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The I-Connect007 editorial team recently spoke with Chuck Bauer and Dana Korf in a technical discussion that spanned a number of topics around shrinking components, such as redistribution layers (RDLs), active embeddeds, and why even the most revolutionary technologies must show ROI to be successful.
Nolan Johnson: Thanks for joining us. There is a miniaturization and design constraint shift going on as a result of increased densities and shrinking board sizes that also seems to be pushing on the component supply chain. It’s not entirely clear to me whether components are driving board design shrinks or whether shrinking board size is driving component miniaturization. Let’s start with you, Chuck.
Chuck Bauer: It is kind of difficult; I haven’t thought about it a lot from that perspective. In general, we all know that the primary custom component of the product is the PCB. Most of the other components are pretty much standardized. But even though the PCB may not be a major piece of the bottom line cost, it is generally the only fully custom component in the product other than some of the external design functions. Packaging capability is driving toward miniaturization, primarily for two reasons. There’s a moderate impact on the cost by miniaturizing the package, but there’s a more significant impact on the cost by miniaturizing the board. The components drive the miniaturization from a technology standpoint, and the boards drive miniaturization from a cost standpoint.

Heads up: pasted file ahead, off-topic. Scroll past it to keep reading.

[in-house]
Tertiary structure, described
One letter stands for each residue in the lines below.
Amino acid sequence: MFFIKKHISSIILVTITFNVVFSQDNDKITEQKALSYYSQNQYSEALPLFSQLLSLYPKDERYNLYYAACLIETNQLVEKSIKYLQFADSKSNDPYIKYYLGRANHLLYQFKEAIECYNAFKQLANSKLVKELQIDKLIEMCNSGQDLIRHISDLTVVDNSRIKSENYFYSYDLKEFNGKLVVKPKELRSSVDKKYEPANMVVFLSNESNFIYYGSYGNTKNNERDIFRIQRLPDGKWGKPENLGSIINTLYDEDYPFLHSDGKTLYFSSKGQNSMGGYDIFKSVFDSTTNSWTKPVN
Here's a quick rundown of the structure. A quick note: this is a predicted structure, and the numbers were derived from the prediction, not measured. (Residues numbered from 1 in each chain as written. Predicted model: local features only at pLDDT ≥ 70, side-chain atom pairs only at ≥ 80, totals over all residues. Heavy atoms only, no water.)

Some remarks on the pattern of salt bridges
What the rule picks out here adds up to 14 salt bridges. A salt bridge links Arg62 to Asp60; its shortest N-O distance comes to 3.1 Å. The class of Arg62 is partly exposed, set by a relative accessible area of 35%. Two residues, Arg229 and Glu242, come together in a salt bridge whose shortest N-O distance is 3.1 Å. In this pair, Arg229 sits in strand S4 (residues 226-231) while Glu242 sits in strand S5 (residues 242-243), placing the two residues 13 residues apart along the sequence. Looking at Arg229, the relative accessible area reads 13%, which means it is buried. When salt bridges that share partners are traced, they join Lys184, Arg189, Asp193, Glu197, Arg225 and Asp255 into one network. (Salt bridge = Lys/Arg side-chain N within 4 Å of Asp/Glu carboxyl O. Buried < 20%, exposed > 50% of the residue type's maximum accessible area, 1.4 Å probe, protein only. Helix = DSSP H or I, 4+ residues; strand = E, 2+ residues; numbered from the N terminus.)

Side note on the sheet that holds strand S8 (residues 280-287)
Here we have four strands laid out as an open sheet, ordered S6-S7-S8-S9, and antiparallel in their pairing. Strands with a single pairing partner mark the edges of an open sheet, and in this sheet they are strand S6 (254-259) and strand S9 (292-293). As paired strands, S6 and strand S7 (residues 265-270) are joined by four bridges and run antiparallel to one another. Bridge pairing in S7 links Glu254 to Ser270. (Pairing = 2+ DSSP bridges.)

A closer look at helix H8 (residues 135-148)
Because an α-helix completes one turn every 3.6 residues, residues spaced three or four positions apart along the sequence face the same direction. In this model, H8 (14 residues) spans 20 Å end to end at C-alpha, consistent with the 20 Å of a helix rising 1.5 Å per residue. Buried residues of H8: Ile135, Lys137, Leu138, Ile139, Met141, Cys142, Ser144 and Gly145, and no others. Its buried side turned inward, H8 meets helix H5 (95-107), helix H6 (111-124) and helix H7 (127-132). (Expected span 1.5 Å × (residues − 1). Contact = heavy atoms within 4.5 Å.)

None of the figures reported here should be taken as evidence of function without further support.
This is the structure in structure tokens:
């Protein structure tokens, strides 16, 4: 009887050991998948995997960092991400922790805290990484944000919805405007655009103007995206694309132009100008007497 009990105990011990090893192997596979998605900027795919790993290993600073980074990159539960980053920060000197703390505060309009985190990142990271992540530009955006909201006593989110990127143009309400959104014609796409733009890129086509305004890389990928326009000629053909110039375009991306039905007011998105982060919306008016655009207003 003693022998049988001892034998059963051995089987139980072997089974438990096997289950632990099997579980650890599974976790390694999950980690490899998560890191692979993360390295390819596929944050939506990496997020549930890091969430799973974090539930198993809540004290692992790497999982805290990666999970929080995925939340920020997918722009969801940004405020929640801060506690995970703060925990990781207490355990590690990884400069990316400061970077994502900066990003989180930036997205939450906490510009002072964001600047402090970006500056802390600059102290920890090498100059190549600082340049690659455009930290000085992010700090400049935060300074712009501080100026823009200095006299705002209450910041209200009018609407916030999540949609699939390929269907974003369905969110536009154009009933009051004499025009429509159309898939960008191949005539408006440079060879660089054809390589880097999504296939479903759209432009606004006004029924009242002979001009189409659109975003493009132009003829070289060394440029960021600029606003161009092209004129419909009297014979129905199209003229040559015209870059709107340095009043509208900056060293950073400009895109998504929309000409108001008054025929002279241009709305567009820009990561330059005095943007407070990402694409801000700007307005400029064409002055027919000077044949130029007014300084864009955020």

Happy Holden: Yes, but what’s the drive toward wafer-level packaging? Is it to get away from having to buy a separate component that gets assembled flip-chip-wise or something like that? From what we’ve been following from the ECTC conference, the wafer-level packaging sessions keep growing and growing.
Bauer: The trends in wafer-level packaging are driven almost entirely by cost. The technology for doing it is like anything else; if you can minimize the cost, you’re going to have an opportunity to either capture market share by reducing pricing or increasing margins. Cost is always the driver. Holden: There seems to be a major push into the electronic panel level, wafer column plating, and other finishes for a level of assembly automation that includes embedded actives in the semiconductor package.
To read this entire interview, which appeared in the February 2020 issue of SMT007 Magazine, click here.